By Craig Kennedy, School of Energy, Geoscience, Infrastructure and Society, Heriot Watt University, Edinburgh
Following several years undertaking analysis of a variety of historic materials, in 2006 I entered the field of built heritage conservation as a scientist working with Historic Scotland. There, I was fortunate to share an office and lab space with the applied conservation team who spent their time working on properties in state care, or on individual objects that were brought in to the conservation centre for remedial work.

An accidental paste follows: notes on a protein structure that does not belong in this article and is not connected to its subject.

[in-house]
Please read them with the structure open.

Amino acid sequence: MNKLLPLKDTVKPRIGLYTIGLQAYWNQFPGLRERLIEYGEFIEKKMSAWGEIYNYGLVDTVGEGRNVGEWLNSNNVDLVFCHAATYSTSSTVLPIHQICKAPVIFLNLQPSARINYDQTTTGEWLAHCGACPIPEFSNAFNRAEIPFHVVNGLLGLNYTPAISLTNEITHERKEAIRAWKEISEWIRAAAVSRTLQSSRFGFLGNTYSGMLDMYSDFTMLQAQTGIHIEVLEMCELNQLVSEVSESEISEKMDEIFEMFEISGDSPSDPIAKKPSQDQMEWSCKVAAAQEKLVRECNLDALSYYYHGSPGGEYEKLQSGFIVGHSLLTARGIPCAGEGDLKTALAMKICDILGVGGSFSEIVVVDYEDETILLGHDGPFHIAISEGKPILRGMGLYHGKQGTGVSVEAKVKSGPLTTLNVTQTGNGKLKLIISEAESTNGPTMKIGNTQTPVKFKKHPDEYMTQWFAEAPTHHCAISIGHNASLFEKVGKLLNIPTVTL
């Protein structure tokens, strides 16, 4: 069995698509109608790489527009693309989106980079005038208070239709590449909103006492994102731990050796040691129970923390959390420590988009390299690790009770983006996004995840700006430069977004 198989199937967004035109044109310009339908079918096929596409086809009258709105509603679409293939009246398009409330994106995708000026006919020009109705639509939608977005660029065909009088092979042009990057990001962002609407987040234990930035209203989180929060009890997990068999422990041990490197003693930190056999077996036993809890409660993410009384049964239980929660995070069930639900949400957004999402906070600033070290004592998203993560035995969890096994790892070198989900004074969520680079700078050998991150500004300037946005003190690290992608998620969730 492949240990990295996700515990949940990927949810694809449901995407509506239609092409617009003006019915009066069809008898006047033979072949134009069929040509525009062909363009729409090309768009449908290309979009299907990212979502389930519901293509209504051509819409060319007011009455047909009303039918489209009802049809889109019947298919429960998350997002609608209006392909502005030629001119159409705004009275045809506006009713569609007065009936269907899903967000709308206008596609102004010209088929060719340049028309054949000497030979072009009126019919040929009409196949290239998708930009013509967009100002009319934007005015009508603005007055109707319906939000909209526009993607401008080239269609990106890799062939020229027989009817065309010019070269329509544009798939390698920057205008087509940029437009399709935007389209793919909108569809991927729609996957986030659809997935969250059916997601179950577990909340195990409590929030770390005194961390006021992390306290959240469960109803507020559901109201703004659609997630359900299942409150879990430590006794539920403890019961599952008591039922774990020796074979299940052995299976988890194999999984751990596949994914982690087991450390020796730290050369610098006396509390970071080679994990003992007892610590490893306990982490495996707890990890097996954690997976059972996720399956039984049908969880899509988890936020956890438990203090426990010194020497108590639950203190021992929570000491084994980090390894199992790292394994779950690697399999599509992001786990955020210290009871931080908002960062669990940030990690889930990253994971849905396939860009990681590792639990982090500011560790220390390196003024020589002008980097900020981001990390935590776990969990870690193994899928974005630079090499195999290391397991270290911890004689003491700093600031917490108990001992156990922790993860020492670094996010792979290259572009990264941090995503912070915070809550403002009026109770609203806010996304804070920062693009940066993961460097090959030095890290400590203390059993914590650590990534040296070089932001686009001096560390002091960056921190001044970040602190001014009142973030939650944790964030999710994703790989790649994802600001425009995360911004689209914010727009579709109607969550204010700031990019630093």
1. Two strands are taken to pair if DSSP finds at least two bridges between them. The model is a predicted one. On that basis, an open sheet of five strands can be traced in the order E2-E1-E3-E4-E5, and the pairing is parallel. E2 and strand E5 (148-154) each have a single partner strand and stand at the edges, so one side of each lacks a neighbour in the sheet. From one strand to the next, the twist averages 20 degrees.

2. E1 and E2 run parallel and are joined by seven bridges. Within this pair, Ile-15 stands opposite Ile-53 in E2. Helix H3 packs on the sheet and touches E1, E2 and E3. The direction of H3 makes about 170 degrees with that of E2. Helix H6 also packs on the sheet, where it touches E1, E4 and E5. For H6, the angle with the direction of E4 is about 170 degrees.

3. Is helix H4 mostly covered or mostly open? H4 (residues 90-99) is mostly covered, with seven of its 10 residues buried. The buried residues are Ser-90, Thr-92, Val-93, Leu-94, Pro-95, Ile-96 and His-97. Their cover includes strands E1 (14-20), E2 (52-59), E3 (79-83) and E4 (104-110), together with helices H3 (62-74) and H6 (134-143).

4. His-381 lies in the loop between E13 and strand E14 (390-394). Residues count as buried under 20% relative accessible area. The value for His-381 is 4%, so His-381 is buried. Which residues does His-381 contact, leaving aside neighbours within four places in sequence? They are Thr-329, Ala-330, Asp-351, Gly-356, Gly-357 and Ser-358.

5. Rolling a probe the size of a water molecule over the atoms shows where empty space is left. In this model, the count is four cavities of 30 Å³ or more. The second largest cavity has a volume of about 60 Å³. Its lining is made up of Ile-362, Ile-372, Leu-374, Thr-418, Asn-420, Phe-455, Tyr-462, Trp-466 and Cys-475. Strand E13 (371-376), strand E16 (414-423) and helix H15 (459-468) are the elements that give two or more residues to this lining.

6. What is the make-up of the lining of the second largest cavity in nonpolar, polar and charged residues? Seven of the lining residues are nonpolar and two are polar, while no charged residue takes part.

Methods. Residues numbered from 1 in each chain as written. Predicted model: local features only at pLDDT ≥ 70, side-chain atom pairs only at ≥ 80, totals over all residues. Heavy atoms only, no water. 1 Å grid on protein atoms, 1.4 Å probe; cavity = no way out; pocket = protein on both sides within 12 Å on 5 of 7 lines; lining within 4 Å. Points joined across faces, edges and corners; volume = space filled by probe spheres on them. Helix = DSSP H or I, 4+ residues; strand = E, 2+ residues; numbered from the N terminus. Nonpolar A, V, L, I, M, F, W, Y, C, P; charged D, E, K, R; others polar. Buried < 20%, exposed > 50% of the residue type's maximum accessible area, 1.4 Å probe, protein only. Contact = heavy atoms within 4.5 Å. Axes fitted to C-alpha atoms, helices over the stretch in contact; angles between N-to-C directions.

Importantly, I got a real sense that there was a specific set of rules that the built heritage community worked to, and it defined many of the decisions that they took when approaching a new piece of work. These rules were not difficult to track down. Building conservation philosophy is extremely well documented, including international charters form bodies such as ICOMOS, the SPAB Manifesto and various books…
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